Jeremy Napial: President of Anime Club and Asian Pacific Student Association Works to Unite Students

When senior Jeremy Napial visited the Philippines for the first time in sixth grade, he was struck by the contrasts between large cities like Manila and his family’s rural home of Iloilo.

“It shaped me at a young age,” he recalls. “You can’t hear anything except for the people and the church bells, and maybe the karaoke bar that’s open at night, not letting you sleep. I met an aunt who was dying of stomach cancer and going blind from it. It was a very grounding experience.”

Napial, who is majoring in negotiation, conflict resolution, and peace building, is currently gaining experience in several service opportunities at California State University, Dominguez Hills, including the Americorps program, where he helps to build community for international students, and as a Diversity in Action intern through the Multicultural Center’s  partnership with the nonprofit YouTHink. He looks forward to joining the Peace Corps after graduation.

In the meantime, Napial is putting his leadership skills to use by serving as president of not only the Anime Club but also the Asian Pacific Student Association (APSA). He says that APSA came into being because of his joke that the Anime Club was the “most Asian” club on campus. He hopes that APSA in particular helps to diminish stereotypes.

Senior Jeremy Napial brings his fellow students together by leading the Anime Club and the Asian Pacific Student Association.

“Unfortunately, there is a stigma of the model [minority],” Napial says. “It’s created barriers between minorities… so I want APSA to break down those barriers.”

Among the activities the organization has planned for the future is a resurrection of an Asian Pacific graduation celebration, which Napial hopes will attract new members. Members recently took part in a retreat to discuss the direction of APSA, under the leadership of faculty advisers Susan Nakaoka, director of field work and admissions for the Master’s of Social Work Program, and Anne Choi, assistant professor of interdisciplinary studies.

Napial says that the Anime Club—whose members tend to join APSA as well—provides an “energetic and funny” atmosphere for students to bond over anime and other weightier issues.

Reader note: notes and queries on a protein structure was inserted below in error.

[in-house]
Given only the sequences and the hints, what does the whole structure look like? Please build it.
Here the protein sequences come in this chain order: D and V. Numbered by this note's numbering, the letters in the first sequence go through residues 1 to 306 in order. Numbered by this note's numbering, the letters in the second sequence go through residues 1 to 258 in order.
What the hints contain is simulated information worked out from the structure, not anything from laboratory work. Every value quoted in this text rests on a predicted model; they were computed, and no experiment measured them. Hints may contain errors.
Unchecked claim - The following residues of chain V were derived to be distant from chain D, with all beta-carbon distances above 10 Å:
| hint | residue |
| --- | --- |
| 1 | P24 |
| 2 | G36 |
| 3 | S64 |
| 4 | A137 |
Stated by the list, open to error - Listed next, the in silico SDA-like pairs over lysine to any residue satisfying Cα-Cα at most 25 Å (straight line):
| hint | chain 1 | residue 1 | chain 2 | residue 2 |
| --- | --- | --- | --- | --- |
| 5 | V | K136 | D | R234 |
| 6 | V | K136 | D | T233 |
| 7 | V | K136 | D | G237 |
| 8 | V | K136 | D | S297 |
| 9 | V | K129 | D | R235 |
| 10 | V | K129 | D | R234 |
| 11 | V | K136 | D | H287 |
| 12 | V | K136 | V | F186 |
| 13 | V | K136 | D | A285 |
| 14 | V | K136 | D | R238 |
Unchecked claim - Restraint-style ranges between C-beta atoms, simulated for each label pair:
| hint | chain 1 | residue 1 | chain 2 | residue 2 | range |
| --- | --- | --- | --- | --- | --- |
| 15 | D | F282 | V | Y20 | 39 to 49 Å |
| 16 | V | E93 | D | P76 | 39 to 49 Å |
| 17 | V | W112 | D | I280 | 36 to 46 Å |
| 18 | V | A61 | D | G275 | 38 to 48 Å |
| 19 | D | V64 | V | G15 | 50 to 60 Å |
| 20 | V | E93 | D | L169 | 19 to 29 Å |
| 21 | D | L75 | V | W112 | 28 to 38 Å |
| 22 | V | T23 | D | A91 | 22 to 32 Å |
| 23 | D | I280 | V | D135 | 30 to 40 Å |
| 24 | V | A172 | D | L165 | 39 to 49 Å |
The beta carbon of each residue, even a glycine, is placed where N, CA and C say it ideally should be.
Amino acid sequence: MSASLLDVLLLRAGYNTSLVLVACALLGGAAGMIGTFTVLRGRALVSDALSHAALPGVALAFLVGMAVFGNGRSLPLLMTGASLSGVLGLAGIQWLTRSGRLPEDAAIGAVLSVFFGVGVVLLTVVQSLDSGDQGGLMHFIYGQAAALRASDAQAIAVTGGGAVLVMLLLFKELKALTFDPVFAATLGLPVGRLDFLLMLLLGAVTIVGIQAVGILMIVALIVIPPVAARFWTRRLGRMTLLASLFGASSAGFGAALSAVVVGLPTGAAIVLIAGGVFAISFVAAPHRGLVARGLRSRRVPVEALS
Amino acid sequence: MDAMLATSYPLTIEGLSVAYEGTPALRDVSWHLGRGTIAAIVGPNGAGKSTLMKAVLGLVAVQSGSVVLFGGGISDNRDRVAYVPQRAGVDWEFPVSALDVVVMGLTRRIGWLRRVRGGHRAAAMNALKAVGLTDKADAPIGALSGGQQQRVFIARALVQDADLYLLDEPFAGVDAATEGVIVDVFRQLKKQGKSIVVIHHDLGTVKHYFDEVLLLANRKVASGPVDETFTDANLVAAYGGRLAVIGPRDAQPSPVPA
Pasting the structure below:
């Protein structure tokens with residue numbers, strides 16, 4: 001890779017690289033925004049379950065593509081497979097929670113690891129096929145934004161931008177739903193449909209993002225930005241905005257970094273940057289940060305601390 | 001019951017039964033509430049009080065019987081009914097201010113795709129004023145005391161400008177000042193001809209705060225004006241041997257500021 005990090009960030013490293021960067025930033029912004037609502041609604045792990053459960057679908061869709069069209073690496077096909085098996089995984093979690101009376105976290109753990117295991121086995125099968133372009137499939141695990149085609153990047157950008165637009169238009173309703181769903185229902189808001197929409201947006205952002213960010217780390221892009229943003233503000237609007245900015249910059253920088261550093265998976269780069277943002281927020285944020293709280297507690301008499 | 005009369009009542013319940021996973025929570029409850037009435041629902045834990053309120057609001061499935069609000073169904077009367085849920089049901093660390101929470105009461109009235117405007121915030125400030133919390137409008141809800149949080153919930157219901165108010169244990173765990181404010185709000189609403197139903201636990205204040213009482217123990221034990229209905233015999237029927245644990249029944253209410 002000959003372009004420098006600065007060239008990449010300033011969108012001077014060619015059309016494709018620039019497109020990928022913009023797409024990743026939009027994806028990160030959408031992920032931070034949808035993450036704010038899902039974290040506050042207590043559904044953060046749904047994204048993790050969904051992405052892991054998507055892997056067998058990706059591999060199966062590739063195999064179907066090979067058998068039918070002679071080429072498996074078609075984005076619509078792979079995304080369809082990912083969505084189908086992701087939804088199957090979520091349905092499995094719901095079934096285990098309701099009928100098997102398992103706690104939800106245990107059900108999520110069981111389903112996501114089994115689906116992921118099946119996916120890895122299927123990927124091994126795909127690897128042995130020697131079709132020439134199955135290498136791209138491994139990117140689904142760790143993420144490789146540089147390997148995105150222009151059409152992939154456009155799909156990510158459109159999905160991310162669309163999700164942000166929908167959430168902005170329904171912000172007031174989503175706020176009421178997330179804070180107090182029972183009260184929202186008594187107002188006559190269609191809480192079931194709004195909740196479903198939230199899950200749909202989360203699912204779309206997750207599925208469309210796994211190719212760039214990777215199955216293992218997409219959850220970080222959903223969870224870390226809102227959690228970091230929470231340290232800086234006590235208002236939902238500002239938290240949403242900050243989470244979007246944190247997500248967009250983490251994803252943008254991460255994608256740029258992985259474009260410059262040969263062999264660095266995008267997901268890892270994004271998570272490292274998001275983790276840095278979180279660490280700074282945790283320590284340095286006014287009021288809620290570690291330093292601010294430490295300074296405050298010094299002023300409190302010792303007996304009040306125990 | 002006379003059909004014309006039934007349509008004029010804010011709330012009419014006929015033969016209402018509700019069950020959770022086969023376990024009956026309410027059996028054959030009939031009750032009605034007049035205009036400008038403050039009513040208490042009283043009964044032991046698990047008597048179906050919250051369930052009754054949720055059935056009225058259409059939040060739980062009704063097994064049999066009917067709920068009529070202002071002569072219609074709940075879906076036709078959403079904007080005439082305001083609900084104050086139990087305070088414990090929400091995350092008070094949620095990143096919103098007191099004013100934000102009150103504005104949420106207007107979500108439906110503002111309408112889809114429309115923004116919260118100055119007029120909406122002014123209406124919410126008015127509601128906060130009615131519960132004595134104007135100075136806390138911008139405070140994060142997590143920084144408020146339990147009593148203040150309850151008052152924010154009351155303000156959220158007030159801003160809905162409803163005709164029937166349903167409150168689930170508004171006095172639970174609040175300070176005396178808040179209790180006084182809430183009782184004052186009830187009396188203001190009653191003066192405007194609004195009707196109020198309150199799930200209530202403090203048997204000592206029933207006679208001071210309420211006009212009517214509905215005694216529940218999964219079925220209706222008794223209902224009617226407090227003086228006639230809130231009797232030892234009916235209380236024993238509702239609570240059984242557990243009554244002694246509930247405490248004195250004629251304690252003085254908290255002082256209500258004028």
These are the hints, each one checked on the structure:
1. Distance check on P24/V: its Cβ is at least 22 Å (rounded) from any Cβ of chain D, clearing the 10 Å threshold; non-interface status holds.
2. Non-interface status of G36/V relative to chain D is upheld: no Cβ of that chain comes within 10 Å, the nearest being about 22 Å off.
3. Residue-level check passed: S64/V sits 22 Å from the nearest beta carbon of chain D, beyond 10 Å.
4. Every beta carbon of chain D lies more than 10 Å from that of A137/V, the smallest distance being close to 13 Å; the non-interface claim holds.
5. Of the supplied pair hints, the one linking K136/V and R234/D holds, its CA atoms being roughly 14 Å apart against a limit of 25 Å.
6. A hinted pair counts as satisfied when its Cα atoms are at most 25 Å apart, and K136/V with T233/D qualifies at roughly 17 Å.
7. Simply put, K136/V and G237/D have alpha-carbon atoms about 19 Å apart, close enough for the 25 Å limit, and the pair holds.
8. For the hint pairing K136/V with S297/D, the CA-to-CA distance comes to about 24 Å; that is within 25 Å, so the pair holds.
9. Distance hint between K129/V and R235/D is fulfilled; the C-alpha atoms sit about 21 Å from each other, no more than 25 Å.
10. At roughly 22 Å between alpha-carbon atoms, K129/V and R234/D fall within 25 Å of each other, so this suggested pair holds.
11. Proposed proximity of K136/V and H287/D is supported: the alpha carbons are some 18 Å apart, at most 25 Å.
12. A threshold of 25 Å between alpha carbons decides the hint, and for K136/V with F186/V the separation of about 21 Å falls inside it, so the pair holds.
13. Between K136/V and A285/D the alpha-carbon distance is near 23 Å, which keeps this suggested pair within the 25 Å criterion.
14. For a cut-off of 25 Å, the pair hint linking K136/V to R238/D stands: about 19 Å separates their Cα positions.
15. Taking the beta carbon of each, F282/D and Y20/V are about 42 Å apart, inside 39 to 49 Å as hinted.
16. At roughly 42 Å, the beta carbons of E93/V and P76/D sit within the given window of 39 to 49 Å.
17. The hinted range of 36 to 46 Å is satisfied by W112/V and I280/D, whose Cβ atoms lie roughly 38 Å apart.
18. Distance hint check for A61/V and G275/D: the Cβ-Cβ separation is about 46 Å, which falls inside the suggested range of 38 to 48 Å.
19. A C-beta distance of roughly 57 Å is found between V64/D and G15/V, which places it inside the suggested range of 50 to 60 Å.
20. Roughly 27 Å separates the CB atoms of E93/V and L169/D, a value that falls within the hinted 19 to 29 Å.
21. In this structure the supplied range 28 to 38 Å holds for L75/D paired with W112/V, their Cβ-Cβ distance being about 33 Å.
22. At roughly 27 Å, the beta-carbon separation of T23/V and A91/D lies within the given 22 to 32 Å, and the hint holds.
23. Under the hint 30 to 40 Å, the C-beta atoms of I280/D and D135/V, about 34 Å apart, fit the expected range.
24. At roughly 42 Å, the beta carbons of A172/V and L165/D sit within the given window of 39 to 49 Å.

“At the meetings, we watch different themes of anime,” says Napial. “We have incredible conversations afterward. We find ourselves in these conversations… not about anime, but how we see ourselves, as in body image, or how we approach each other as people and how we communicate.”

Napial says that the opportunity to share views on these topics is cathartic for students.

“We don’t usually talk about stuff like this,” he says. “In general, [anime] geeks tend to have a hard time communicating, so we create an environment for people to communicate in that’s not on the computer.”

Napial, himself a self-professed “geek,” says that the ability to communicate on deep issues has been affected by the use of the Internet—to the advantage of some and the detriment of others.

“It depends on your perspective,” he says. “In some aspects, it’s made [communication] better, it helps us identify with others and know we’re not alone.”

The Westminster resident says that he transferred from Golden West College to CSU Dominguez Hills because of its unique perspectives on negotiation, conflict resolution, and peace building.

“I was thinking of doing peace studies or something in that area but this program seemed so much more unique,” Napial says. “The approach here is more universal as well as experiential. We can use our skills in many environments. As a business model, negotiation can create channels of cooperation inter-personally, and conflict resolution skills will alleviate conflicts within the workplace or unions.”

For more information on negotiation, conflict resolution, and peace building at CSU Dominguez Hills, click here.

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